Reproductive Health and Peer Education

Reproductive Health and Peer Education

Reproductive Health and Peer Education

Reproductive Health and Peer Education for Palestinian Youth in Lebanon
 
Background: 

This project was launched in the year 2006 in partnership with an Italian NGO Ricerca e Cooperazione (RC) Lebanese Family Planning Association (LFPA), and the National Institution of Social Care and Vocational Training (NISCVT) with co-funding from the European Commission in Lebanon.

Location and Beneficiaries of the whole project:

The project was implemented in the following six Palestinian Refugee camps in Lebanon:
In Beirut area Burj Barajneh & Shatila camps.
In the North area Beddawi & Nahr El-Bared camps. 
In the South area Burj Shemali, Rashidieh and El-Buss camps. 

Estimated number of beneficiaries: 115,906.

Rational: 

Reproductive and sexual health with its related problems are not genuinely approached topics in the Arab region, typically considered as a very sensitive taboo that cannot be openly addressed.

For NISCVT, this particular project was in the first place a challenge to the organization's capabilities in tackling such a controversial issue and presenting it within a conservative community. Nevertheless, the challenge was accepted and the decision was taken to initiate the first step. After almost three years now, the achievements reached proved to a great extent that such a decision was not only right, but also successful due to the great need among the youth to know, realize and practice their right to choose, handle responsibilities and create the needed change to build a developed and healthy future.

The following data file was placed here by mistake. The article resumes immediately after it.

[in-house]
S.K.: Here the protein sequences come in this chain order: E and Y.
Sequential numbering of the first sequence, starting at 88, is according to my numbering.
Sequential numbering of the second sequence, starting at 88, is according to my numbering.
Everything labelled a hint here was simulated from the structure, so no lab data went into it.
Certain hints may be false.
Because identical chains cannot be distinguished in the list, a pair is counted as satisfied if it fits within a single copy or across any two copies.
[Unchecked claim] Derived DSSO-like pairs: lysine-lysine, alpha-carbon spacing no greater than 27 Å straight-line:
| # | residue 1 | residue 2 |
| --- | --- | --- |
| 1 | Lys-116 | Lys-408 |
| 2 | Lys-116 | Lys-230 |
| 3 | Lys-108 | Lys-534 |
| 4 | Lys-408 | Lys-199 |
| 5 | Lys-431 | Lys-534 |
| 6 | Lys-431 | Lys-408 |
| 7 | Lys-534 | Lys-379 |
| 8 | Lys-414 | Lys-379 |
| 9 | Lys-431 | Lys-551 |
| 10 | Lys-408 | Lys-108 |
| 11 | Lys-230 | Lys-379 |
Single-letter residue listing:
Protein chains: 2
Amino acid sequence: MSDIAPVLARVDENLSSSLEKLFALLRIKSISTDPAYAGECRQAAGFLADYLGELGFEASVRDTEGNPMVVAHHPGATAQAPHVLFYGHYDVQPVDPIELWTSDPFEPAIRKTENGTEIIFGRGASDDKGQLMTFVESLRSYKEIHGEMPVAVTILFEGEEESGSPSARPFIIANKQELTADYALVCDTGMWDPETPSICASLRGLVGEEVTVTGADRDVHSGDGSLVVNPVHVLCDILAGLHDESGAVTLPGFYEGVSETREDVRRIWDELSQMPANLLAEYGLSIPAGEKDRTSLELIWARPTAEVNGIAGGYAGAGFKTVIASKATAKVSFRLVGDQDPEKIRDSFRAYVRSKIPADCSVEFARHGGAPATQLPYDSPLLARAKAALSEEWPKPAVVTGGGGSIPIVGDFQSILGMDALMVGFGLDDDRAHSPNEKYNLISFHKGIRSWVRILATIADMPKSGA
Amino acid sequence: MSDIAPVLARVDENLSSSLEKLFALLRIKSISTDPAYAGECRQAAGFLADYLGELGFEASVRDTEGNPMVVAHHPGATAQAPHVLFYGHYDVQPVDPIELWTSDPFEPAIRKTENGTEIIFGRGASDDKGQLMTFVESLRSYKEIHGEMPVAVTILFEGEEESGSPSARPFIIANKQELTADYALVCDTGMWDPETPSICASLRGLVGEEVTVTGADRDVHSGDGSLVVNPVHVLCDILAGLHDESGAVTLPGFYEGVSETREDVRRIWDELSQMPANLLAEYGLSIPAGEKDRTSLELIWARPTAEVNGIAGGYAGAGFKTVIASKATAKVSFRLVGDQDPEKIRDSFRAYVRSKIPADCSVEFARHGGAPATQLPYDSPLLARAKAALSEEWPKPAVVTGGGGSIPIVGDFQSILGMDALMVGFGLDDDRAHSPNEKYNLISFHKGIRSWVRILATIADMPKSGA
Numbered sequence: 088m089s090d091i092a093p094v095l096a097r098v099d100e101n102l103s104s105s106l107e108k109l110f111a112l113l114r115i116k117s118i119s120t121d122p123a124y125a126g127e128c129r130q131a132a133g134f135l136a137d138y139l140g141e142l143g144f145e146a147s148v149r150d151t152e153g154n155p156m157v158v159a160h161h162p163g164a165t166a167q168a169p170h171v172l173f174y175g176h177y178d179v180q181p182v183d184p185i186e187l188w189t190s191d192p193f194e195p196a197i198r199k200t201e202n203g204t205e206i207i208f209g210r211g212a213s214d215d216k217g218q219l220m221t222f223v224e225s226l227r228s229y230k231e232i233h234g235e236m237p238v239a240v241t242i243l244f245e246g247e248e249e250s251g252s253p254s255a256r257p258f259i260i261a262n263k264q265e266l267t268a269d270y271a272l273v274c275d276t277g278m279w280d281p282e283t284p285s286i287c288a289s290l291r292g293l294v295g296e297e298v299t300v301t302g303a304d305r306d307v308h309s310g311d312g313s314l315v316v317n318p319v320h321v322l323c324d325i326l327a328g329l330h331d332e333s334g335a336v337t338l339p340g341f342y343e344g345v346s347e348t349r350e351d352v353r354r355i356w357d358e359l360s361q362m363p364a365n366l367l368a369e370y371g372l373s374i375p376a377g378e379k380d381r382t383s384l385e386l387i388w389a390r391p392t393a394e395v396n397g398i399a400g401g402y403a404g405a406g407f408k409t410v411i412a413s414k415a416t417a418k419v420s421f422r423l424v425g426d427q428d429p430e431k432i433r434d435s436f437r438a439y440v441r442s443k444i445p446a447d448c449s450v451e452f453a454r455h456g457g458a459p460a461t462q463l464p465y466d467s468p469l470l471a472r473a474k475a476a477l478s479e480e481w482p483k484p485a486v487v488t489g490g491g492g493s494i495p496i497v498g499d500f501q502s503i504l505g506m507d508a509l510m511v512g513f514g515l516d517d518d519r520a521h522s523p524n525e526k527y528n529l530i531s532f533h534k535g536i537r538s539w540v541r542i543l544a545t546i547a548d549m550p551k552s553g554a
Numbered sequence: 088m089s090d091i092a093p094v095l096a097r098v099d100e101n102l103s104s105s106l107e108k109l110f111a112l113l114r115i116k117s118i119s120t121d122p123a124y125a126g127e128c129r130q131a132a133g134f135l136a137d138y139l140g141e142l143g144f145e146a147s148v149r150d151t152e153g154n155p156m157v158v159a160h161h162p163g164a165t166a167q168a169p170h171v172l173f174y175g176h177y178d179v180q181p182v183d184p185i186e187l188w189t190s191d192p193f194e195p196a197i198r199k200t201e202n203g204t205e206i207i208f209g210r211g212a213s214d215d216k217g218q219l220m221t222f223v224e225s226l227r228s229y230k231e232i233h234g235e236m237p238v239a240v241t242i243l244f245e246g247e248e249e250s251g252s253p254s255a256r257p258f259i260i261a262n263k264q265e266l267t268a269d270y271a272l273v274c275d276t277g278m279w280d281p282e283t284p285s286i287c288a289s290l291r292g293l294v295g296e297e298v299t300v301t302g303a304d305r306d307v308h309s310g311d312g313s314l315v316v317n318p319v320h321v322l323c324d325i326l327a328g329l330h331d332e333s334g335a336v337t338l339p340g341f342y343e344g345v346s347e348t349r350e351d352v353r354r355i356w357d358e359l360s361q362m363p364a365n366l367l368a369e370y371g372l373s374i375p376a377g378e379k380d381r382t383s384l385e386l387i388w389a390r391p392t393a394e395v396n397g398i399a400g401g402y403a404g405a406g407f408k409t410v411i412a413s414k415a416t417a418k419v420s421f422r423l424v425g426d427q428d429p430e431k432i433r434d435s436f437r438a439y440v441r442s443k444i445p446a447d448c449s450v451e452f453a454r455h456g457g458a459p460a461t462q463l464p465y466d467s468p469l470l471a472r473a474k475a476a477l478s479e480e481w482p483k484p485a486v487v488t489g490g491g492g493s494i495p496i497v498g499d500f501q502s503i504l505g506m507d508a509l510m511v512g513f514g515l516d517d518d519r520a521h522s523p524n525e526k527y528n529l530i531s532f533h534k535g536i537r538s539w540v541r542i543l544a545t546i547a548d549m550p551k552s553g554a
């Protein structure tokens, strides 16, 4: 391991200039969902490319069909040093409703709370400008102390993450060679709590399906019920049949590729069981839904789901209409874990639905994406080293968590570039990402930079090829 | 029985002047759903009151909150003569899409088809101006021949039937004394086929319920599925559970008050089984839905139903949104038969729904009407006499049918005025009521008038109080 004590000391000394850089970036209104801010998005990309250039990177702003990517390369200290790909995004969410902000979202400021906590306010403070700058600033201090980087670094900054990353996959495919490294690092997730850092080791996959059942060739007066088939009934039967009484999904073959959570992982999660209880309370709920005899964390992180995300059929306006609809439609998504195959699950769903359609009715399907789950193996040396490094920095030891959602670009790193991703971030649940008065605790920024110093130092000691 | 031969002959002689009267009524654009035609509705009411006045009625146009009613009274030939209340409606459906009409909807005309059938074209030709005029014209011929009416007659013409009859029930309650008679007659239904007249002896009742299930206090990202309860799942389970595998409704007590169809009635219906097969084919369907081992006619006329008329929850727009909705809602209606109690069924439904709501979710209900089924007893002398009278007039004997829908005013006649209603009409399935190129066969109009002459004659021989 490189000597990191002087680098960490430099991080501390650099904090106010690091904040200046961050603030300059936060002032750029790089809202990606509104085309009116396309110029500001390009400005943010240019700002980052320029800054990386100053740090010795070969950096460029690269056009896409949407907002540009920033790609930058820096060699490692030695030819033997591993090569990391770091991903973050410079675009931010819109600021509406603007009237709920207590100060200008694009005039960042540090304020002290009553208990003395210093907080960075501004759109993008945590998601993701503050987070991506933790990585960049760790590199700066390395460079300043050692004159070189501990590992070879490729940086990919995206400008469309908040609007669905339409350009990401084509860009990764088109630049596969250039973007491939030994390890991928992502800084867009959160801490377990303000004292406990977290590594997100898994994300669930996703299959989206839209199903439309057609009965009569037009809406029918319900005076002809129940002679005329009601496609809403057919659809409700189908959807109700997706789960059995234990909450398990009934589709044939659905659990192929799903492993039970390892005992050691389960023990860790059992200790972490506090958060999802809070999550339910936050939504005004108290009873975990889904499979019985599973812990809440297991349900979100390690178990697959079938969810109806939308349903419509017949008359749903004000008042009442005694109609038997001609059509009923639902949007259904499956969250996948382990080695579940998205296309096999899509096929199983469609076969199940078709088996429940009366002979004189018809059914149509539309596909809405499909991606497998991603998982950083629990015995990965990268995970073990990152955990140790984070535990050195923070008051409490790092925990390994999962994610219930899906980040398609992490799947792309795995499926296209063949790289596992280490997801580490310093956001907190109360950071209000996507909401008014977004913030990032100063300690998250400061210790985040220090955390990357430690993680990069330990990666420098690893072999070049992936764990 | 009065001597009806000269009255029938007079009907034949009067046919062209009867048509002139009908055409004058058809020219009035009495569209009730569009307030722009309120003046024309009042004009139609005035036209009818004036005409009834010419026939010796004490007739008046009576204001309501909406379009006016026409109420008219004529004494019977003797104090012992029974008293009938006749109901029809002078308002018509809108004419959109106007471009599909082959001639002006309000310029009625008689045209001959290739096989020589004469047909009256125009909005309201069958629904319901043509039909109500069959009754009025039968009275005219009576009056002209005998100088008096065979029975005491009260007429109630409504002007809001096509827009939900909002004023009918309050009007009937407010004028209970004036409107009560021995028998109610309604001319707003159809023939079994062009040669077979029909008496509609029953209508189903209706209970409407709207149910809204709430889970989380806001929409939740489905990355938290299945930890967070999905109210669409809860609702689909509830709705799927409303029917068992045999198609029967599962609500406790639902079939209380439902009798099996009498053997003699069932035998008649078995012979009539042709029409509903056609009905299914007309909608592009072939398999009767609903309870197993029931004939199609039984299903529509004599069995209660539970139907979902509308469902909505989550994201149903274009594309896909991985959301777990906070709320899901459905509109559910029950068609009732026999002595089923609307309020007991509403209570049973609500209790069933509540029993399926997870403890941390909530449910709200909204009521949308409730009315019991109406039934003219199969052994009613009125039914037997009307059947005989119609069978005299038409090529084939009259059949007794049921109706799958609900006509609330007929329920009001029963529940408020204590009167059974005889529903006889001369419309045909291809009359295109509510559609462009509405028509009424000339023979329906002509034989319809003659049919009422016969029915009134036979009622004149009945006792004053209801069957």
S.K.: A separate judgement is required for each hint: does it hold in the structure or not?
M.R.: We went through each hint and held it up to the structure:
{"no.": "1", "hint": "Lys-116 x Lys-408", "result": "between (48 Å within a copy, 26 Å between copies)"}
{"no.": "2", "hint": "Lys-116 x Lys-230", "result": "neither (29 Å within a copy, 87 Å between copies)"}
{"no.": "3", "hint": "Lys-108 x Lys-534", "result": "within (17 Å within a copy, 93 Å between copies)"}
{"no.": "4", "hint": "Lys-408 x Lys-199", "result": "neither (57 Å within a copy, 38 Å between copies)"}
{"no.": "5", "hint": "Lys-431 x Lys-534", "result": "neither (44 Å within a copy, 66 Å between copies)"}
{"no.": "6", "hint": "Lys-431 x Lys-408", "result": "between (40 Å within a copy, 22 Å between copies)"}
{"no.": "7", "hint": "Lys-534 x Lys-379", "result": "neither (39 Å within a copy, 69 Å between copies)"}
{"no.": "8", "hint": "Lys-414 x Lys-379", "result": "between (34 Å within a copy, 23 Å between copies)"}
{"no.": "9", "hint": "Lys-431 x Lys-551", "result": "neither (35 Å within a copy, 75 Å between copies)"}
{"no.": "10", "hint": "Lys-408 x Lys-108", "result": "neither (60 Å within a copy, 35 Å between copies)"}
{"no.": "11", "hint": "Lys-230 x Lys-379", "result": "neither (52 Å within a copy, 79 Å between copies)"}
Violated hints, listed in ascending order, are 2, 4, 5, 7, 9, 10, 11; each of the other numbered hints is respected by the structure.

In fact, there is great difficulty in finding any reliable data and figures concerning the real situation of the Palestinian youth on reproductive and sexual health issues. However, through the experience of NISCVT along 38 years of work with the Palestinian youth, many discovered facts were related mainly to the lack of knowledge and access to reliable information resources and miss conceptions embodied in the local culture leading some youth to get involved in problematic and risky behaviors.

Objectives: 

The main objective of the project is to provide a very new service to a vulnerable target population through human rights driven and holistic approach aimed at improving the overall physical, psychological, mental and emotional well-being of the Palestinian youth.
Provide the youth with information on reproductive and sexual health (SRH) in an informal manner and raise awareness among parents and adults in direct contact with the youth such as teachers, social workers and others.